Ex-Lawyer in Hot Water over Alleged $10M Fraud Case

Brody Clarke

A former lawyer has found himself in the middle of a controversy involving almost $10 million.

Brody Clarke, who used to work for the Australian law firm Atanaskovic Hartnell, is in the midst of criminal and civil cases for allegedly siphoning money off Australian media mogul Bruce Gordon, who has been a long-time client of the firm.

Involved in the cases are two of the billionaire’s companies -– WIN Corp. and Birketu. The transaction allegedly took place between June 2016 and September 2017, or a span of over 15 months.

Around this time, the law firm’s principal, John Atanaskovic, left to work in the firm’s London office for about six months.

It is alleged that Deutsche Bank, which established a loan facility for one of the billionaire’s companies, transferred money to the former lawyer’s personal Westpac account on two occasions. One of the transactions involved $4.45 million; the other covered $2.5 million.

Meanwhile, the other amounts included in the cases were directly from Gordon’s two companies.

The fraudulent transactions came to light after Clarke himself reported the dealings to the New South Wales fraud squad. He was immediately removed from the law firm. He then told his lawyer, Sydney-based George Thomas, to tell his former employer that he revealed the information to the authorities.

Bruce GordonGordon’s two companies initiated the complaint. While Clarke already repaid some of the misappropriated money, he is being sued in the Supreme Court of New South Wales to return $1 million, including any interest.

The companies are also asking to be indemnified against any losses in the event Deutsche Bank will seek payments of the amount transferred to his personal account.

Initially, the law firm was not made a party to the case. It even released a statement last month saying Deutsche Bank had acted “in an apparently negligent fashion” by depositing the money into Clarke’s account.

It further stated the transaction occurred after the bank had dealt solely with him and “without the knowledge of any other present or former member staff or AH partner.”

The bank, for its part, “emphatically denies the allegations and statements” released by the law firm. It said it is not proper for the bank to make a comment on the matter because it is not involved in the court proceedings.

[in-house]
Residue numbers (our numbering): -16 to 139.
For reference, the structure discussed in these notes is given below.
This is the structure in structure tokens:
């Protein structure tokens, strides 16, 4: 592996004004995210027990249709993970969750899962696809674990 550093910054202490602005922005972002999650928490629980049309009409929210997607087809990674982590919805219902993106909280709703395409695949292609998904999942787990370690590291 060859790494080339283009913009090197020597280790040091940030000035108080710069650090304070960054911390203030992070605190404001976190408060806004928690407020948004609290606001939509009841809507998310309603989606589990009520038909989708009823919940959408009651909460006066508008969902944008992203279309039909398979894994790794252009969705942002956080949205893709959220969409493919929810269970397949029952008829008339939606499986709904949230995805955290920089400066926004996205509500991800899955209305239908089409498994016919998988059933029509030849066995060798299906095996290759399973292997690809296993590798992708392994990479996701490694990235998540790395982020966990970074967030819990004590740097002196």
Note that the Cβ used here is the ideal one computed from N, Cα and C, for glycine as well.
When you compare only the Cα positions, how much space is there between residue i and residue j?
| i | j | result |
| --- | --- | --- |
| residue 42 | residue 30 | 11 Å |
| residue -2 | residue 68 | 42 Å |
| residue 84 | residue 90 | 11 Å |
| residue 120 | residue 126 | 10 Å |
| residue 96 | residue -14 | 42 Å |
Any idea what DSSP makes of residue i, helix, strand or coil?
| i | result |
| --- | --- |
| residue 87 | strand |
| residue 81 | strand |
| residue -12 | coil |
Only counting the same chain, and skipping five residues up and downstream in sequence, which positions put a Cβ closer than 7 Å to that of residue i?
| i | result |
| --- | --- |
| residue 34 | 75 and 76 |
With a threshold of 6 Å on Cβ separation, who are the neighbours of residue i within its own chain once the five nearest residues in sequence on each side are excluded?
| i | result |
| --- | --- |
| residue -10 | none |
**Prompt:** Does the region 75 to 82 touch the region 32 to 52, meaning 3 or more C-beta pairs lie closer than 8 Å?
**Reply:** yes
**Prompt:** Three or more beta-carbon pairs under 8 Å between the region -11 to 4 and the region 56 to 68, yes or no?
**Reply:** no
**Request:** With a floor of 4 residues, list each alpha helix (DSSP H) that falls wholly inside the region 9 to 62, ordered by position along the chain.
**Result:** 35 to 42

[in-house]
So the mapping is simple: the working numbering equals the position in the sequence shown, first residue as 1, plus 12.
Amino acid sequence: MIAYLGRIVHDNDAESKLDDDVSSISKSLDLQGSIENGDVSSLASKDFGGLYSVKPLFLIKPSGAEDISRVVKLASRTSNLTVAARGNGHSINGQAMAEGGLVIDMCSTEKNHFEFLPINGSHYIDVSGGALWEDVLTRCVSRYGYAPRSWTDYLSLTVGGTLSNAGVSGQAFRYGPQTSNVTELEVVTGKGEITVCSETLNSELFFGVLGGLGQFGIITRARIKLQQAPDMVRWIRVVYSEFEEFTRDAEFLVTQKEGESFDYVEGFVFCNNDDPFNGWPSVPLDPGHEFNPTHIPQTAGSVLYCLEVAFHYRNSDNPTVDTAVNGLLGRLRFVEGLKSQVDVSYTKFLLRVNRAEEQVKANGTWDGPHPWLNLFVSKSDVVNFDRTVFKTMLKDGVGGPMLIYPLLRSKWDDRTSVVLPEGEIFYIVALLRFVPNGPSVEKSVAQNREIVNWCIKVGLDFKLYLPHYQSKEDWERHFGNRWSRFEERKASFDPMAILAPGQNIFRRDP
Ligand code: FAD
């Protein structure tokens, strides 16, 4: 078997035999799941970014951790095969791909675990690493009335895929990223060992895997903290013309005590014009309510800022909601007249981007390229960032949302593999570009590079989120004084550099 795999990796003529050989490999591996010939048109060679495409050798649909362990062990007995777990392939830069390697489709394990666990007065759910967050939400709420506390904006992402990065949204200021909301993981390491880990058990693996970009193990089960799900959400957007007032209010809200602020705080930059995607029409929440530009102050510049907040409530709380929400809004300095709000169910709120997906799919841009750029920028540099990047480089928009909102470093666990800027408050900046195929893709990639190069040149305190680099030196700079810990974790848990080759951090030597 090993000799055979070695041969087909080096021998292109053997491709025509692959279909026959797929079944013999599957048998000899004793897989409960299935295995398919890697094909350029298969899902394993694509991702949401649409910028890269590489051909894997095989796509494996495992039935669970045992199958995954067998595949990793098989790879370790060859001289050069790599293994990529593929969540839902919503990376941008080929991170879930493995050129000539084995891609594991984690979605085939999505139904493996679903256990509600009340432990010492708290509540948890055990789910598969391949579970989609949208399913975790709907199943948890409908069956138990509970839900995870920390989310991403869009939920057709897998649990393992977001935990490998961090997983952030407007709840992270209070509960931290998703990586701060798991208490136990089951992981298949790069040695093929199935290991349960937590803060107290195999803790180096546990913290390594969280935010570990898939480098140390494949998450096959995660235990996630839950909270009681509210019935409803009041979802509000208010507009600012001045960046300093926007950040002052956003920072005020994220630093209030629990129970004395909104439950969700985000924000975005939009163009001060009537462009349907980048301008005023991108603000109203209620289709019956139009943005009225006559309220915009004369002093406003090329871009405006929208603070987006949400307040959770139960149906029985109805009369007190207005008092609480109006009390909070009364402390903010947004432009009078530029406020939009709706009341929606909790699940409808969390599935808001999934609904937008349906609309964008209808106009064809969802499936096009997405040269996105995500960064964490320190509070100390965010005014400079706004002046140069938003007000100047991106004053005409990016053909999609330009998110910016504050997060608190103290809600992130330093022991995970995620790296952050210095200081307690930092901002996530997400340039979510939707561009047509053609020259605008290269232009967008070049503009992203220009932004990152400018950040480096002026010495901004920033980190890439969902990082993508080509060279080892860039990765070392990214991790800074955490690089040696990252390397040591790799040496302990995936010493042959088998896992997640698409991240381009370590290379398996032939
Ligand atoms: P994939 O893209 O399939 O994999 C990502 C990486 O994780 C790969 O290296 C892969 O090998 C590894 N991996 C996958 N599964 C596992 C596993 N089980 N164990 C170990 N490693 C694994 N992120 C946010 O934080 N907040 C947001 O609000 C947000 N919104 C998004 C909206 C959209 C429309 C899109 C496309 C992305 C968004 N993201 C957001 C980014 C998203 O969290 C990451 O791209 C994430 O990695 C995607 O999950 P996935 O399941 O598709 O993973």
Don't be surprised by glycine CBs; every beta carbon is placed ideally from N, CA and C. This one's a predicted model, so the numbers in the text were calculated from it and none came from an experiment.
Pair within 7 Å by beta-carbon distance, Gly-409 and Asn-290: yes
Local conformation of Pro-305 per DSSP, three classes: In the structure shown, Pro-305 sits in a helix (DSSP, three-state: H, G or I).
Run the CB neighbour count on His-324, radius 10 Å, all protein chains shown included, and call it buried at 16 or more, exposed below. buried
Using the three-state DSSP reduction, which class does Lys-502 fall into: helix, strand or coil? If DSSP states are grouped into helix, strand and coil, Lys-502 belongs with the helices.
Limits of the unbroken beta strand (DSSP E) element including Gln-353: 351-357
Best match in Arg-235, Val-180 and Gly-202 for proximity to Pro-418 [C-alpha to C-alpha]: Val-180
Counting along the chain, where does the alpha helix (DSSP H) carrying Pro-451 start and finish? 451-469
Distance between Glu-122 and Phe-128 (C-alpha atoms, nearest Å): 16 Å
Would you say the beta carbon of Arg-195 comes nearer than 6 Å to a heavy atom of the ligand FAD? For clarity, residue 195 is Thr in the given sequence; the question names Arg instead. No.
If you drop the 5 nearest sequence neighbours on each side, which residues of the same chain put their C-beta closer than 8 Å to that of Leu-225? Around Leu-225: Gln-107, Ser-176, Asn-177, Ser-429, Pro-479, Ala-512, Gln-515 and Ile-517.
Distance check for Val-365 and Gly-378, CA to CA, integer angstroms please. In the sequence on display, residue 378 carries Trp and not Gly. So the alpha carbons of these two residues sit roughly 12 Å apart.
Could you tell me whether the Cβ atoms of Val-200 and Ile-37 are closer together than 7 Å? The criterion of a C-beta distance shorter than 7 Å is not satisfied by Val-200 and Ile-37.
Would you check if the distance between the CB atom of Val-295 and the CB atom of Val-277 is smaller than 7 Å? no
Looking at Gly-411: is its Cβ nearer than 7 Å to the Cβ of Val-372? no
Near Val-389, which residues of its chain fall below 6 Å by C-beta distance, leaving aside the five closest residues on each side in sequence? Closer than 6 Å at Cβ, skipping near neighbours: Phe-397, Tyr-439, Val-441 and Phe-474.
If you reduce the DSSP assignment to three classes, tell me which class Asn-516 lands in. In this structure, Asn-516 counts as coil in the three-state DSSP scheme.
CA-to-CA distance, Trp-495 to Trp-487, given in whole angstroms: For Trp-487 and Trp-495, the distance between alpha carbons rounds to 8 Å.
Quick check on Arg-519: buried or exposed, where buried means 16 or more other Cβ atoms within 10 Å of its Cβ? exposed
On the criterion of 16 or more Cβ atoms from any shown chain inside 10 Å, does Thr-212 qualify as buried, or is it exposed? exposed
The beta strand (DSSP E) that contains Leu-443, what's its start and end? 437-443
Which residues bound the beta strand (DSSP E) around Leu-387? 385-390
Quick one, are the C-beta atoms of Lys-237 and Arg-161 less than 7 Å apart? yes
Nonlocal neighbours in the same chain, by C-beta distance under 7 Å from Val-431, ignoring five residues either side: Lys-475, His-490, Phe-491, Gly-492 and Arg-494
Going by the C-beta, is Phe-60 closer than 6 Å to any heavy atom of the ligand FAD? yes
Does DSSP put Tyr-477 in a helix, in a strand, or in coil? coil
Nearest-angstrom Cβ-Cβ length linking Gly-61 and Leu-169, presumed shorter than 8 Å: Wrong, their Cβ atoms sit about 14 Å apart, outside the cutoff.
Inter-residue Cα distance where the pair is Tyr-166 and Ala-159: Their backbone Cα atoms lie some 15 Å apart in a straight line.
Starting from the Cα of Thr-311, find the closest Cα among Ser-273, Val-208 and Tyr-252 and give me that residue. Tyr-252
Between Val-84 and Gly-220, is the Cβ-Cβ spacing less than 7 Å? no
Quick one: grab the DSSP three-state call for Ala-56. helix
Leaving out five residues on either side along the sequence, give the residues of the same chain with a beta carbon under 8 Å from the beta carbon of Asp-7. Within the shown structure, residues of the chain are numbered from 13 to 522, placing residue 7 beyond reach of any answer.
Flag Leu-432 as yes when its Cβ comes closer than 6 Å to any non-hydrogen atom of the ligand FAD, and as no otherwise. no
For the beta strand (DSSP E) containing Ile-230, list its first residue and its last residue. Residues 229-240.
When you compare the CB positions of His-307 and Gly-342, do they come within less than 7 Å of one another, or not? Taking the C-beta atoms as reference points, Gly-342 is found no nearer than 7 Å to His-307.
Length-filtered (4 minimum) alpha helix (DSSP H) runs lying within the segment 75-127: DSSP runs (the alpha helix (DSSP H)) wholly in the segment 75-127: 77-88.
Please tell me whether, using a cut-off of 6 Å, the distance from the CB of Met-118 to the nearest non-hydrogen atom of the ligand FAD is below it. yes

However, recent developments revealed that Atanaskovic Hartnell will be sued for damages because it allegedly failed to supervise Clarke who was a junior lawyer at the firm.

Gordon’s companies are looking to add the firm as a party in the civil case. They are arguing that Atanaskovic Hartnell was negligent in its duty to supervise the former lawyer.

It is expected that the firm will be resisting the claim.

Clarke is an alumnus of Bond University in Queensland. He had previously worked at Ashurst as a lawyer. He also worked with Macquarie Bank, J.P. Morgan, and Goldman Sachs as an investment banker.

Banking records showed he only had $18.40 in his account on Sept. 16, 2016, after he paid $10.60 for a McDonald’s meal. However, he received more than $160,000 in a money transfer from regional television company, WIN Corp., later that day.

Four days later, he made a total payment of $159,000 to betting agency Sportsbet.

This transfer was the third recorded transaction of that nature in three months. In June 2016, $570,500 was deposited into his account from Birketu. In August 2016, $360,000 was also transferred from WINS Corp.

Following the first deposit made by Birketu, Clarke made payments to TAB Ltd. in the amount of $20,000.

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Thomas McCoy was born in Bethesda, Maryland and studied finance at the Kogod School of Business at American University in Washington D.C. before heading to New York and a job as a forex trader on Wall Street. Successful enough to launch his own, online forex trading platform, Thomas has long had a keen interest in the places where the worlds of finance and technology meet. As a prolific blogger, Thomas considers himself an expert on cryptocurrencies, casino asset restructuring, and emerging technologies set to change the way people do business.